MB: In this case, especially in the scenarios we’ve done it, it’s worked out alright. They’re small venues, it’s not like there are people trying to sneak in to places to meet these people and stuff. It’s always been nice.

JH The other show was with Joey Castillo and Nick Oliveri, two more well known members from QOTSA. That one was a big one because they were two of the bigger known members of the band.

MB: We were like, trying our luck, asking if we can support. At that time there was another hoop to jump through, we had to play another show for the organisers to see how well we could pull people in and how well we were received. But even that show was played with more well known bands.

JH: Like Electric Eel Shock who are a Japanese band. They are brilliant. You need to see them live though, you really have to see them live.

MB: They’ve got their own like, gimmicks set down, their music is kind of ‘cheesy rock’ but it’s just the way they perform, The show is just really enetertaining.

JH: They love classic rock bands like AC/DC, Sabbath, stuff like that, they’re like a Japanese Western band. That’s the way I find best to describe them.

MB: The drummer wears nothing but a sock over his……

PD: How is 2019 looking for Heavy on the Ride?

MB: I have a baby due to be born in April, so I’d like to get my bass parts for the album done by the end of this year, so that Jordan can start mixing stuff, but there’s nothing planned really.

JH: If we can get the bass parts down asap, then I can spend as long as I want on guitars…

PD: Not too long though? 

JH: No, I don’t want this to turn into another Chinese Democracy. It angers me how long this album is taking. I see other bands and how many albums they’re churning out and I’m like “I just want to get one out, just one!”

MB: We’re catching up on ourselves with new stuff with Sean’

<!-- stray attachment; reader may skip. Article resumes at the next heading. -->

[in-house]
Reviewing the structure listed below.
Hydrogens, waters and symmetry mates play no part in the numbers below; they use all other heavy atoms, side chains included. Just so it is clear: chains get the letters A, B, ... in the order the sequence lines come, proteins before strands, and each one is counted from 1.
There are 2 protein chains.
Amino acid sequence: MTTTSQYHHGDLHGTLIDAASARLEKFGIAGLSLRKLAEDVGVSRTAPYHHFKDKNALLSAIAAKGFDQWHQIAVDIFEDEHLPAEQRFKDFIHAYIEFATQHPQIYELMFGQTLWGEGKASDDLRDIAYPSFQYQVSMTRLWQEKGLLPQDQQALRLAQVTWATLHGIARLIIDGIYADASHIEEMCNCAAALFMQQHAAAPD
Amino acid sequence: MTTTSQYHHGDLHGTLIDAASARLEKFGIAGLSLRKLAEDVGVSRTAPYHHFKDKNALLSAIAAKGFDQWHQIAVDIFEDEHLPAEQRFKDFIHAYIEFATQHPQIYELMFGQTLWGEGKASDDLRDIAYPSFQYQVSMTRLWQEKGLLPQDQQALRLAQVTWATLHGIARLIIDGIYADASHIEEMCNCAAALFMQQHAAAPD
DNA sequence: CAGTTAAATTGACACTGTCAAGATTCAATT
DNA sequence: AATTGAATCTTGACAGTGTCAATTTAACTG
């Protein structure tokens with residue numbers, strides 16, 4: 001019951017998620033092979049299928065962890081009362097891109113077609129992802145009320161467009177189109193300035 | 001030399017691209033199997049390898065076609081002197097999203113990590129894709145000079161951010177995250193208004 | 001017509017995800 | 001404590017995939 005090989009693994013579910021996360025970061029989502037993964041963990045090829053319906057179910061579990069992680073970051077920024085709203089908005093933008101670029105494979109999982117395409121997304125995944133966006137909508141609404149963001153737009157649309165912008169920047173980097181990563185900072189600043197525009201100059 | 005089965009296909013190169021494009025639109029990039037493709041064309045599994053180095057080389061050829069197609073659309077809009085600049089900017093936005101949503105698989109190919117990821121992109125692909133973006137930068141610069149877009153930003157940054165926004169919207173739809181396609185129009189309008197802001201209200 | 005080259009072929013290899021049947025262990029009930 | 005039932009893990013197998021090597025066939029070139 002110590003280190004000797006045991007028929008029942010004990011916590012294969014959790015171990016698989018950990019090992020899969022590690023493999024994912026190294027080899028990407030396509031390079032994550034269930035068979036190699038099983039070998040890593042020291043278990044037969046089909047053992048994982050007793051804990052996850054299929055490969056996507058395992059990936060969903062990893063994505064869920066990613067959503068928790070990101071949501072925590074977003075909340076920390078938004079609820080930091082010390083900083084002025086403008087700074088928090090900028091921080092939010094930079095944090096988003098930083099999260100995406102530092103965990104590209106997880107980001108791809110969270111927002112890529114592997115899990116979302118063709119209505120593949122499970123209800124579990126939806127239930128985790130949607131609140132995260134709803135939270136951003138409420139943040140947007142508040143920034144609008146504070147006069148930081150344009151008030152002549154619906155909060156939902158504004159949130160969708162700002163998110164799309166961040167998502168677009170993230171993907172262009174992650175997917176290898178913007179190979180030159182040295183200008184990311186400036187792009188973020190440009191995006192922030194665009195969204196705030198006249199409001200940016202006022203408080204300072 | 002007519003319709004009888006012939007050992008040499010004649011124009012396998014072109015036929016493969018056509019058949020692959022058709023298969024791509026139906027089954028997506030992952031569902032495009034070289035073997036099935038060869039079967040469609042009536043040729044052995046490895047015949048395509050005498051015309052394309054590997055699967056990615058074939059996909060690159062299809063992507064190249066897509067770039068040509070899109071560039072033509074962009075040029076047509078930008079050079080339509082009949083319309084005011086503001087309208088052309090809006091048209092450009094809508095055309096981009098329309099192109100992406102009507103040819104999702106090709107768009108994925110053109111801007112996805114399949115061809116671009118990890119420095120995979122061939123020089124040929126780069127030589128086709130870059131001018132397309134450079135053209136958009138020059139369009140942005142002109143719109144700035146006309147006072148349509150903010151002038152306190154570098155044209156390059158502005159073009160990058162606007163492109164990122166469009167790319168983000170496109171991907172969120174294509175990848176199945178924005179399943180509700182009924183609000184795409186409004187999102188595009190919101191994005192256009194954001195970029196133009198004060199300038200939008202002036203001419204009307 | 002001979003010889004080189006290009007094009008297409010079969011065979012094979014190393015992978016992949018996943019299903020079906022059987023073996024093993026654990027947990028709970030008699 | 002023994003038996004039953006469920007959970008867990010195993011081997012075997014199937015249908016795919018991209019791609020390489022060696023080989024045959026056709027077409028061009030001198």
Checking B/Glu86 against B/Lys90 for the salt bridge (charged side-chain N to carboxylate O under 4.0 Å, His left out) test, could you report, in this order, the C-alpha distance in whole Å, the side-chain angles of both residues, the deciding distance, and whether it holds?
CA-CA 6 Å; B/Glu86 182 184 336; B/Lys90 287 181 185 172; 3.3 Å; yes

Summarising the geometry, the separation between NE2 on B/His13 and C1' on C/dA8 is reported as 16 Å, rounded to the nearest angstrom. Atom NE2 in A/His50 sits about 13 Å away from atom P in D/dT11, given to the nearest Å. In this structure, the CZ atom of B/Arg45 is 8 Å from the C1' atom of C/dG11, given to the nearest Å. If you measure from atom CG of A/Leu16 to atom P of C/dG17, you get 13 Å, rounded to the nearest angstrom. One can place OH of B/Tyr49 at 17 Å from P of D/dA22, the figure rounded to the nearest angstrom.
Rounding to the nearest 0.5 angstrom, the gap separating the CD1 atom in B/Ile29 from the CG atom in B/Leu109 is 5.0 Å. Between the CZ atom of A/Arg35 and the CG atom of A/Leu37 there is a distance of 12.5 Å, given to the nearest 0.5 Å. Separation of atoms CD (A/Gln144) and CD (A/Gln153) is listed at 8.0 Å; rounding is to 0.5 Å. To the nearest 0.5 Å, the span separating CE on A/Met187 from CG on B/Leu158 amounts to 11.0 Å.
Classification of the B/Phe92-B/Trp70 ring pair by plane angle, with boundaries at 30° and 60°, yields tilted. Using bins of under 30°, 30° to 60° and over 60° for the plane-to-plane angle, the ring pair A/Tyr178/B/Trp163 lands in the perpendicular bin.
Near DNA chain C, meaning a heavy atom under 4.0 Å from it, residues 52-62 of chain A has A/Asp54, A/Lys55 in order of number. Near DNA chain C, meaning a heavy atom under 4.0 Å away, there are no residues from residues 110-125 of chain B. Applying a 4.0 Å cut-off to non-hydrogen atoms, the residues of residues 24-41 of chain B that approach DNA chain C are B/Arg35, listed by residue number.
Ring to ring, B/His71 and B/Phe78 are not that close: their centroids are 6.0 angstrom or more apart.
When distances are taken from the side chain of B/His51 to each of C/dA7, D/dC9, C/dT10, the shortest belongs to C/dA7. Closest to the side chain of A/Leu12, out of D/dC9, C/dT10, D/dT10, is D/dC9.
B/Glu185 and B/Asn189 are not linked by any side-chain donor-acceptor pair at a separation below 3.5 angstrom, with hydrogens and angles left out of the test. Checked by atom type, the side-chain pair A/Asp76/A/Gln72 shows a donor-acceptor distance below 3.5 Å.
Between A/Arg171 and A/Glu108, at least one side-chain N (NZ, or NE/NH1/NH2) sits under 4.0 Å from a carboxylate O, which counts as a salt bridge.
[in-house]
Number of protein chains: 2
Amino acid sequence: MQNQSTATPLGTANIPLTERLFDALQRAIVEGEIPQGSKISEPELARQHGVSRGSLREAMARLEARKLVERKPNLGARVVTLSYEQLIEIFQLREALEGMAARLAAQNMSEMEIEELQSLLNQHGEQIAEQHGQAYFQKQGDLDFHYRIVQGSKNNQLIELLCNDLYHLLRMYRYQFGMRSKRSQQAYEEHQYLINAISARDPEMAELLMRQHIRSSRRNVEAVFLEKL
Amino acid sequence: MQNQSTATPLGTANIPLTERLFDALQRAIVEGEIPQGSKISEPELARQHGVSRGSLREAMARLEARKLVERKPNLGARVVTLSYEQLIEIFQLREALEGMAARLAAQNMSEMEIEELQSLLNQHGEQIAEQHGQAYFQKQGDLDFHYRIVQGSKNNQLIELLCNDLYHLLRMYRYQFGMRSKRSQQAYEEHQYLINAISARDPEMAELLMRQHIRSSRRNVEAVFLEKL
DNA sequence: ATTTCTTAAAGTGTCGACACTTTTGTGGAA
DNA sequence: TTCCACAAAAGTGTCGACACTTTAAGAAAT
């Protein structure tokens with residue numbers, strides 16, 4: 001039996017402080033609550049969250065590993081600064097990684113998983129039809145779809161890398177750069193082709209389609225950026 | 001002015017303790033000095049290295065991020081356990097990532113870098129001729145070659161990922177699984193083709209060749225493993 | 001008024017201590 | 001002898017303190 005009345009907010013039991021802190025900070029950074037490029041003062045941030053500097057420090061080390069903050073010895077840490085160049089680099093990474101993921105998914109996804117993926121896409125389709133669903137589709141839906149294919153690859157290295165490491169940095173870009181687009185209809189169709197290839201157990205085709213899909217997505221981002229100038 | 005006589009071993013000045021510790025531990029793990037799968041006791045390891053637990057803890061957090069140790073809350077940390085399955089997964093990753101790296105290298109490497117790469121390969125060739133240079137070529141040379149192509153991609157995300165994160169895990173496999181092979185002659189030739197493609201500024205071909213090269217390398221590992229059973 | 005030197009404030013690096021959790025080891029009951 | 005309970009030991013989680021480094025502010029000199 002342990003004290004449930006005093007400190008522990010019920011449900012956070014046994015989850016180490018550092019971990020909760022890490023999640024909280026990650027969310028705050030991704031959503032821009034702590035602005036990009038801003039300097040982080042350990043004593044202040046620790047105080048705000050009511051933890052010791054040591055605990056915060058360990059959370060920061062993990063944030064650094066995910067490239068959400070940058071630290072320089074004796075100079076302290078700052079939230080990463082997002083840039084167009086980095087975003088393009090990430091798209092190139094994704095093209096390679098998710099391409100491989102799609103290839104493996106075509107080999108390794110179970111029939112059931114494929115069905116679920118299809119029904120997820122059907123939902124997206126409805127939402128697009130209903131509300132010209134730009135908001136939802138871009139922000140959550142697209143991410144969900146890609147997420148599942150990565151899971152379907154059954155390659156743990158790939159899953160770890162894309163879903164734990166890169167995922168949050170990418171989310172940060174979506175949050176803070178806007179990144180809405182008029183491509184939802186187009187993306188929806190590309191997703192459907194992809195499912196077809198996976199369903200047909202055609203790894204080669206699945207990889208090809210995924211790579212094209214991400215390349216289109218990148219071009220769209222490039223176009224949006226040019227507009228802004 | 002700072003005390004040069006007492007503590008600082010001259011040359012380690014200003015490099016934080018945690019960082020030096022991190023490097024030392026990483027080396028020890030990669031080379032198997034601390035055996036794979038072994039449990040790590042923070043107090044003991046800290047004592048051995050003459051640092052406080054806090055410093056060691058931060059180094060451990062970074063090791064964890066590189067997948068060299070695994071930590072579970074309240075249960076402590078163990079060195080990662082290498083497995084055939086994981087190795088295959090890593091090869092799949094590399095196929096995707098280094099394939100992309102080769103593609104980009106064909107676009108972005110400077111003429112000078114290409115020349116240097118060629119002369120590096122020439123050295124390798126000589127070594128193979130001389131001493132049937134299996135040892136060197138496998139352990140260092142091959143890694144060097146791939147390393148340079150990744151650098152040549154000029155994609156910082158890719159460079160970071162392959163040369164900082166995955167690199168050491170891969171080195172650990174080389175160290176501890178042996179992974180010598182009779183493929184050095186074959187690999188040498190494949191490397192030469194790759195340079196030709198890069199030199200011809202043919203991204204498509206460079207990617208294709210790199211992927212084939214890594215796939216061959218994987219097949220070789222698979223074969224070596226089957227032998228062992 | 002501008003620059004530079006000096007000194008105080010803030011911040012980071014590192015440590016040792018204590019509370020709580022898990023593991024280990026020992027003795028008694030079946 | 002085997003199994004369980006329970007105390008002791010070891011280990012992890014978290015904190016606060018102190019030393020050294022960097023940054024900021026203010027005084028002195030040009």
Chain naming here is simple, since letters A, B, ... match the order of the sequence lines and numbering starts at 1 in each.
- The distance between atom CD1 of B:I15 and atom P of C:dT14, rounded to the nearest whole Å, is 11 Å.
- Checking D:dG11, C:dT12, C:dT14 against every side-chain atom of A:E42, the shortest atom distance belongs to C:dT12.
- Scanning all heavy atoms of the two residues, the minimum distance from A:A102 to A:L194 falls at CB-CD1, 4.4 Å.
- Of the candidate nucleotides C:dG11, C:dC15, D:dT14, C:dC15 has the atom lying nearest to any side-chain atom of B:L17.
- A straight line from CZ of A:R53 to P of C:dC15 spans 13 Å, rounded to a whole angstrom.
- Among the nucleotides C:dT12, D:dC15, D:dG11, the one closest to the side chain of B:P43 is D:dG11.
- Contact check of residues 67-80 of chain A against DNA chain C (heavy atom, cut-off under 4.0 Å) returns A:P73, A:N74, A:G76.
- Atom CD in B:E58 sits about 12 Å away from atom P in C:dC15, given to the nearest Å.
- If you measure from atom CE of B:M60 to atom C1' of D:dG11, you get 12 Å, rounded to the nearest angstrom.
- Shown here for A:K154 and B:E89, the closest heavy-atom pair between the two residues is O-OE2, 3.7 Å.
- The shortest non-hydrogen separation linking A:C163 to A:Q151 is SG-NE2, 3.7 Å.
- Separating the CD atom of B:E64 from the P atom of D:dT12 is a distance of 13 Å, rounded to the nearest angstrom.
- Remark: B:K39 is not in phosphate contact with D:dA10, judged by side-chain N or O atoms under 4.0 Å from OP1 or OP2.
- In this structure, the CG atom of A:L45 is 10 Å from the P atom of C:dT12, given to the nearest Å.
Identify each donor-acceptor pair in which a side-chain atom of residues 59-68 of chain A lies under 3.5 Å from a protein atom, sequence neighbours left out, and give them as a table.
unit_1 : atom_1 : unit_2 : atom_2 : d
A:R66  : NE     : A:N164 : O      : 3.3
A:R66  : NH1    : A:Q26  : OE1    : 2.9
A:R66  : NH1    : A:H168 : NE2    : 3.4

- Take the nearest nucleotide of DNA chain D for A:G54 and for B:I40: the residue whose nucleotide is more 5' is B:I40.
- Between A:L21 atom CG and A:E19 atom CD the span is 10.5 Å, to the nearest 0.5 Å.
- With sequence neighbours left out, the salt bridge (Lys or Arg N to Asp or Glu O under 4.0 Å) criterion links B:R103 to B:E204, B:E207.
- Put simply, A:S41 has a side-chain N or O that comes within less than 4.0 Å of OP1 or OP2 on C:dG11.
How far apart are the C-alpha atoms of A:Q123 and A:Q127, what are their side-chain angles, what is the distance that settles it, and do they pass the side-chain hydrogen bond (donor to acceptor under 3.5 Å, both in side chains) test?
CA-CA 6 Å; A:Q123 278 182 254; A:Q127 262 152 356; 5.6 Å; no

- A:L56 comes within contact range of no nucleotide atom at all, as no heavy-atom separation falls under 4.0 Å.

JH: We’ll probably start to write some new stuff with Sean soon, I don’t know when we’ll be playing it live, cos really we should get the album done and play all the songs off that first. We already play stuff from it cos we don’t know when the album’s gonna come out, but we want to play them live.

I think the aim is, get the album out. I want to go back to touring. I don’t know, but when we did the last tour that was the most ‘free’ I have ever felt in my life personally. I know that sounds a bit cheesy to say. As long as the van was full of diesel, the van didn’t break down and we got to every venue on time and we played our show. We had nothing to worry about.

MB: I found my love of comics, thanks to Ham, we went to various record shops and comic shops and brought back much more stuff then we should have.

PD: Thanks for taking the time to chat today. Any message for the readers?

MB: Just stick with us, there will be music coming soon.

JH: Don’t know how soon, well it will be soon, there will be a single by the end of the year and the plan is to release that through a small label in Bristol  called Quasar Sounds. We love playing in Bristol, we always have a good show up there. So it will be coming out with them at some point. We are going to make sure we get a video done for it. It will 100% be coming out this year, you can quote me on that.